Dinesh Kataria’s research focuses on the urban planning discourse in post-colonial India to present. His work looks at multiple, contesting imaginations of post-colonial city — a site of ‘patriotic’ production, a refuge/home for expression of modern nation, a place of residence — in Nehruvian period.
Explores the ways in which Shahjahanbad/Old Delhi and its rural periphery approached each other.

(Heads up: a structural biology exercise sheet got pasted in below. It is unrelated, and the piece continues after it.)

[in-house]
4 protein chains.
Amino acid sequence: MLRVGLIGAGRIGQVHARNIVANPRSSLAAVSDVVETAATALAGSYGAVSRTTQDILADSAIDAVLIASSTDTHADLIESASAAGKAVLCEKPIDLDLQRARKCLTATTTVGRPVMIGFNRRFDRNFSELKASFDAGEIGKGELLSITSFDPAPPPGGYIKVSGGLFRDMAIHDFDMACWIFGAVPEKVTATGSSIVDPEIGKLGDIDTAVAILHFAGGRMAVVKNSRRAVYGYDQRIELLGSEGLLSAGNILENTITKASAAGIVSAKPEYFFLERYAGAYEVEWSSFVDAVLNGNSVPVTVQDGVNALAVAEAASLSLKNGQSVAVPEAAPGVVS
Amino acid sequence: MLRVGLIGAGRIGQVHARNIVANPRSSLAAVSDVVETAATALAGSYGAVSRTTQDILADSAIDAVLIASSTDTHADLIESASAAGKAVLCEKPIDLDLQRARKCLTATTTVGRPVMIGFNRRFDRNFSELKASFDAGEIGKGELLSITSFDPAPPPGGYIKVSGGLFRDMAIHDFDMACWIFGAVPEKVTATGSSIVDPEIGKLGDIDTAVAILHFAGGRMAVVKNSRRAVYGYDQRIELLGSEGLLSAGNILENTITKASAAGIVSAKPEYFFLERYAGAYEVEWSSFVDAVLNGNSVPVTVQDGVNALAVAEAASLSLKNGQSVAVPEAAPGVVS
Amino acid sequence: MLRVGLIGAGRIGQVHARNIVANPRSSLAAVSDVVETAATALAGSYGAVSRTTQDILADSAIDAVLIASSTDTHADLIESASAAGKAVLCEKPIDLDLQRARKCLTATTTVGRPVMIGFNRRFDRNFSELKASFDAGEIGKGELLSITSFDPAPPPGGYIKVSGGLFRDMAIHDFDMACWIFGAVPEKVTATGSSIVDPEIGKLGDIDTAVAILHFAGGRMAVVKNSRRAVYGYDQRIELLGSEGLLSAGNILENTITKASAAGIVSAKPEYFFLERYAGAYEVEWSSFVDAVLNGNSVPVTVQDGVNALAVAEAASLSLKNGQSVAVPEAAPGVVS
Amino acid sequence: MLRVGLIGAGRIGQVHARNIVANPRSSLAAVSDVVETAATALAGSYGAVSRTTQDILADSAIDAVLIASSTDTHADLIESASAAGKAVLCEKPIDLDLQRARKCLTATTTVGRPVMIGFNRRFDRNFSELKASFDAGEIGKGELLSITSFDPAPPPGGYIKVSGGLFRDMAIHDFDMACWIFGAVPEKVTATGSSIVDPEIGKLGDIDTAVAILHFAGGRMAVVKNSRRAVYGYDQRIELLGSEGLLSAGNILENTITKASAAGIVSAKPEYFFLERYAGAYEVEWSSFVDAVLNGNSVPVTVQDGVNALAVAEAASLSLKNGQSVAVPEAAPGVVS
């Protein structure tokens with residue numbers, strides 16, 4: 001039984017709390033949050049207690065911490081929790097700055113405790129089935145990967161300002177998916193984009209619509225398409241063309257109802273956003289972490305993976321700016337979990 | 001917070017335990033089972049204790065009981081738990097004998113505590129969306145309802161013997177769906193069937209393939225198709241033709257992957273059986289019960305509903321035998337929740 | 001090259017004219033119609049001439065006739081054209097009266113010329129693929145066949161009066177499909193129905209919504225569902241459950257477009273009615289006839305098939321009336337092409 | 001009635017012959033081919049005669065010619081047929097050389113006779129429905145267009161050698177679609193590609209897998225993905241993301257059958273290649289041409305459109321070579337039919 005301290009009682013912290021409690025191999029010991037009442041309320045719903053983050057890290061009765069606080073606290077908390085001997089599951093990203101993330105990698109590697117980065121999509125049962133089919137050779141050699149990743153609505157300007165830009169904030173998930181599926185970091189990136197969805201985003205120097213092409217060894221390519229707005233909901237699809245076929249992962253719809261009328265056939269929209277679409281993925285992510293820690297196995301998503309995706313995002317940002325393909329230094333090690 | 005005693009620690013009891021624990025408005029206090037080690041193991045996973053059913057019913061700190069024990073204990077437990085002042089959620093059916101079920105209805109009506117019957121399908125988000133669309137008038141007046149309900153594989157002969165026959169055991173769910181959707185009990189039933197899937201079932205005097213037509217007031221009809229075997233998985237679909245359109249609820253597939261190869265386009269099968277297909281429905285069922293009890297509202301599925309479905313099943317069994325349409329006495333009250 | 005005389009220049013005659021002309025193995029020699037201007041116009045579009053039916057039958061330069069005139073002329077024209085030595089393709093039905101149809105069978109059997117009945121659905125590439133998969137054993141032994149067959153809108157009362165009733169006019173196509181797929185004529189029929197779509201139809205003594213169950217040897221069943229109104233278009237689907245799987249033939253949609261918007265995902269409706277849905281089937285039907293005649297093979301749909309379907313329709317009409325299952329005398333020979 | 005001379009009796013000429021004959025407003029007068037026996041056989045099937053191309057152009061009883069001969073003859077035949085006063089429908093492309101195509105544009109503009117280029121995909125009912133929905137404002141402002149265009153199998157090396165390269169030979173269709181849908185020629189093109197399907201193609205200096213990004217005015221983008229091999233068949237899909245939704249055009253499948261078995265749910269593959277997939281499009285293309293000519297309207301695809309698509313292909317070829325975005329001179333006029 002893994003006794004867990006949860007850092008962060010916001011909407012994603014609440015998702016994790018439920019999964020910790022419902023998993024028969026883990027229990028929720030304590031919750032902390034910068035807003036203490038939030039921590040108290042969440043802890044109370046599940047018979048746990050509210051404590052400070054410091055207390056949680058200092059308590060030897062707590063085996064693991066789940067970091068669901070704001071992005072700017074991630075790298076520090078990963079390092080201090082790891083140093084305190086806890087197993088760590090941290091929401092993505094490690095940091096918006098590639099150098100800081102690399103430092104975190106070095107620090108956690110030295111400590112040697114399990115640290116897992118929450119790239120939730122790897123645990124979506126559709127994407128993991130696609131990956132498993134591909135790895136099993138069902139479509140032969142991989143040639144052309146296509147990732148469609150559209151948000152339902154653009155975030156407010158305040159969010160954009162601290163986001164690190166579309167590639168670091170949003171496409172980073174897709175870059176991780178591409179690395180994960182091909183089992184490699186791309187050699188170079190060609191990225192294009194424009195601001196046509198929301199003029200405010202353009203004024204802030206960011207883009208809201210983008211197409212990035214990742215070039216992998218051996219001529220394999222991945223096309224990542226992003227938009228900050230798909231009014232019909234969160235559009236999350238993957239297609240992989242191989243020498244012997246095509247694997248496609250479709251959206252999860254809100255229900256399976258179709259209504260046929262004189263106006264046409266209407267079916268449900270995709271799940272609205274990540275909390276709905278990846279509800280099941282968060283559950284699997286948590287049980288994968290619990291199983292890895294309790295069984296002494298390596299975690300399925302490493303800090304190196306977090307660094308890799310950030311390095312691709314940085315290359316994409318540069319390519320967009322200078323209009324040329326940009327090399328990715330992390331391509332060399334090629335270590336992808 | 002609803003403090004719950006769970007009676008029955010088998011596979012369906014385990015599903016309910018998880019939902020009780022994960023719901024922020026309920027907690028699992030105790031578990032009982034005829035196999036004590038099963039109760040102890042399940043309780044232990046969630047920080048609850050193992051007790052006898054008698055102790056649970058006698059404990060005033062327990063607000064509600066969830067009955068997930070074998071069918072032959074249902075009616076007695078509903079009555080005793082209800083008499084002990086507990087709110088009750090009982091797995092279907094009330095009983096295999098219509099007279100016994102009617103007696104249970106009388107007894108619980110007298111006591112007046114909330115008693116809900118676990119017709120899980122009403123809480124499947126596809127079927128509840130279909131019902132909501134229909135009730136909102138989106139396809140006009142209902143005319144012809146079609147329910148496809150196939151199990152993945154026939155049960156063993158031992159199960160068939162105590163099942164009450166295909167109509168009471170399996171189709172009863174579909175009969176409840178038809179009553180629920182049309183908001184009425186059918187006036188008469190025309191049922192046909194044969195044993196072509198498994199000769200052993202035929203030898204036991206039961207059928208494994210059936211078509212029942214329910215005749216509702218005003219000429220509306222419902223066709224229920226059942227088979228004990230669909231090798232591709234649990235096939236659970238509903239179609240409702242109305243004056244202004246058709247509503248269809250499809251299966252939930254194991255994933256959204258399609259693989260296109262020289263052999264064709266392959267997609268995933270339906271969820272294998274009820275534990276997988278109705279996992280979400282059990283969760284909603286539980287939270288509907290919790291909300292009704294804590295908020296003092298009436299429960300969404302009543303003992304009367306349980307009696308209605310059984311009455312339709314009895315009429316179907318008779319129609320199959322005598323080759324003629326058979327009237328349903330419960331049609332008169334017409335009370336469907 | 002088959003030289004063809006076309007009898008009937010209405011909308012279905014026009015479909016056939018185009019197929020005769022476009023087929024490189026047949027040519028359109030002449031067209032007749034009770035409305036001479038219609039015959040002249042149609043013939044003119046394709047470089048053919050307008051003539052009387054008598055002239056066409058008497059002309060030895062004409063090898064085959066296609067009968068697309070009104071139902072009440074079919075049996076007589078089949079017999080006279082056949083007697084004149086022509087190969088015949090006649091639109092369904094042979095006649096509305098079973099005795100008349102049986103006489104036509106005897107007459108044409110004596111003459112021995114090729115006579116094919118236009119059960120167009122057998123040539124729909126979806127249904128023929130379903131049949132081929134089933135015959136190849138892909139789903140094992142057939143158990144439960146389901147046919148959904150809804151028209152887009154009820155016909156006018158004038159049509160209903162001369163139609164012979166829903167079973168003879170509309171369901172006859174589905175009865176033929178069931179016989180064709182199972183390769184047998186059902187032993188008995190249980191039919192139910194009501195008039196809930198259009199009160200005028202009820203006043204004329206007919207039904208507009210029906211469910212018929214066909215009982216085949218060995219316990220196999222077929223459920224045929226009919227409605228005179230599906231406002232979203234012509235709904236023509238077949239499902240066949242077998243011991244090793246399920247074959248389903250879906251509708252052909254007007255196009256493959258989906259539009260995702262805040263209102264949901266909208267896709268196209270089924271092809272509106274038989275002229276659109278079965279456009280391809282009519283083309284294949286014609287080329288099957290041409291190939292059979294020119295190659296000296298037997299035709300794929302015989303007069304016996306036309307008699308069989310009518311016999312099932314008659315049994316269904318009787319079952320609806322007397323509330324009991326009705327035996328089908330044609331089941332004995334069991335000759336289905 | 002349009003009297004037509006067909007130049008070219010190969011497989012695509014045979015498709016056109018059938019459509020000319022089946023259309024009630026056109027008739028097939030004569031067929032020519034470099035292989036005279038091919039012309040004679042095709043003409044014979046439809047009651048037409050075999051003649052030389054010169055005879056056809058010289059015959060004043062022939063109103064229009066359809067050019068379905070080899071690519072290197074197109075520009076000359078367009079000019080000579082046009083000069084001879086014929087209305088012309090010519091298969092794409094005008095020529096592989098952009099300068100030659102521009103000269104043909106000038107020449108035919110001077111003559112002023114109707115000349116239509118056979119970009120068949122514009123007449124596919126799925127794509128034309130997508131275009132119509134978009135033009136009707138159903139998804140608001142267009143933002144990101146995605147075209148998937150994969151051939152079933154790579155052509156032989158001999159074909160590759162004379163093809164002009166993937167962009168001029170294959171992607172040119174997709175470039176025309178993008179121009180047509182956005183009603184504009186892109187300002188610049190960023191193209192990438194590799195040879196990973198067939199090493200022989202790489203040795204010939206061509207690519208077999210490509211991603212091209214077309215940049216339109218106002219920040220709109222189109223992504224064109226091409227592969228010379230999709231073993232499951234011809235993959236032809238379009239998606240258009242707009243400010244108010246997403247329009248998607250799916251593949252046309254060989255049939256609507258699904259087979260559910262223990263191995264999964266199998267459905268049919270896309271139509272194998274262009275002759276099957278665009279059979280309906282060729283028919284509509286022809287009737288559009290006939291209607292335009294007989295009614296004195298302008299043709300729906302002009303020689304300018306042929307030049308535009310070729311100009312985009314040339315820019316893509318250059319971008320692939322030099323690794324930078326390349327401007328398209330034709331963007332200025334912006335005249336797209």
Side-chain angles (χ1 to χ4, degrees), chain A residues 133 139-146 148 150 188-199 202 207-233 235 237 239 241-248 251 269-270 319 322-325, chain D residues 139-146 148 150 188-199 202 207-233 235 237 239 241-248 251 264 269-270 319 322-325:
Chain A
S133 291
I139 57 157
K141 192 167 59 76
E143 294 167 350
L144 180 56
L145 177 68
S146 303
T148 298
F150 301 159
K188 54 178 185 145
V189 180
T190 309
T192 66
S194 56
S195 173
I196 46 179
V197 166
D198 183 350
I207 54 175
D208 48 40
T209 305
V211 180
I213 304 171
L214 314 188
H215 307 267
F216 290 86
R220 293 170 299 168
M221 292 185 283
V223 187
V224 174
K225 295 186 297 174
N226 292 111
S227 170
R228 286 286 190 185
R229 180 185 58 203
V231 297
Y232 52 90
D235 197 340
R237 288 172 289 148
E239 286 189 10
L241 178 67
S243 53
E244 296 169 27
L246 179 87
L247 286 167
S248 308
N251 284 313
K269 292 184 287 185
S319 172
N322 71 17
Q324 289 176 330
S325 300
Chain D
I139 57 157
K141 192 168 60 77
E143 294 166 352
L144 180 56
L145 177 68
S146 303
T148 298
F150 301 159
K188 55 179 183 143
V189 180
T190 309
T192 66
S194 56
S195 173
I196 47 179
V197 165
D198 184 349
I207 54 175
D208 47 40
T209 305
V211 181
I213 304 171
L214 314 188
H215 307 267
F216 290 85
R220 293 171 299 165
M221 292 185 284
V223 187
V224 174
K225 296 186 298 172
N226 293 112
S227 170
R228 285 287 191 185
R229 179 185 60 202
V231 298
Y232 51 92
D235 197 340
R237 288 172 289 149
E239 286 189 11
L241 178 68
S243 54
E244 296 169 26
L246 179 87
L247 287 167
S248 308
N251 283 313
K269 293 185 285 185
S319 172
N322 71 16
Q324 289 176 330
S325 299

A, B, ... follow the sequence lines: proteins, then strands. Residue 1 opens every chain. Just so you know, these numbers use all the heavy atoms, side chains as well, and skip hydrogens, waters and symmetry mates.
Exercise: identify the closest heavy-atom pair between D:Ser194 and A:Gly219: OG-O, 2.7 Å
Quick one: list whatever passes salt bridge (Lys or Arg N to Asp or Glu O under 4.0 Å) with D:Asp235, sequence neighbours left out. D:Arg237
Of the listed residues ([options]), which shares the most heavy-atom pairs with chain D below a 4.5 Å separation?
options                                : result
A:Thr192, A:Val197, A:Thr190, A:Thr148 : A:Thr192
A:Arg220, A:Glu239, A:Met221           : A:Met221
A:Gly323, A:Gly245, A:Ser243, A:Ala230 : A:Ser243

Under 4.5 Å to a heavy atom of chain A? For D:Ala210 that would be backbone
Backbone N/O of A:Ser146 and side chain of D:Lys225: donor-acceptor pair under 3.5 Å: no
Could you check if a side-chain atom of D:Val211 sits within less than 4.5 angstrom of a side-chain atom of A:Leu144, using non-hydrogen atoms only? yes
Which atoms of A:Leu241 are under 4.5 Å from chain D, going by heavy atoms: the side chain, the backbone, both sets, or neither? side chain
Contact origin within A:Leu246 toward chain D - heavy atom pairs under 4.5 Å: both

Aims to highlight the dilemmas that the colonial state encountered and took in to account, beyond merely the aesthetic considerations, in shaping the urban landscape of Delhi city. Shows how colonial state's concern for profit contributed much more than the aesthetic imperatives in shaping the urban landscape of Delhi city as it grew westward.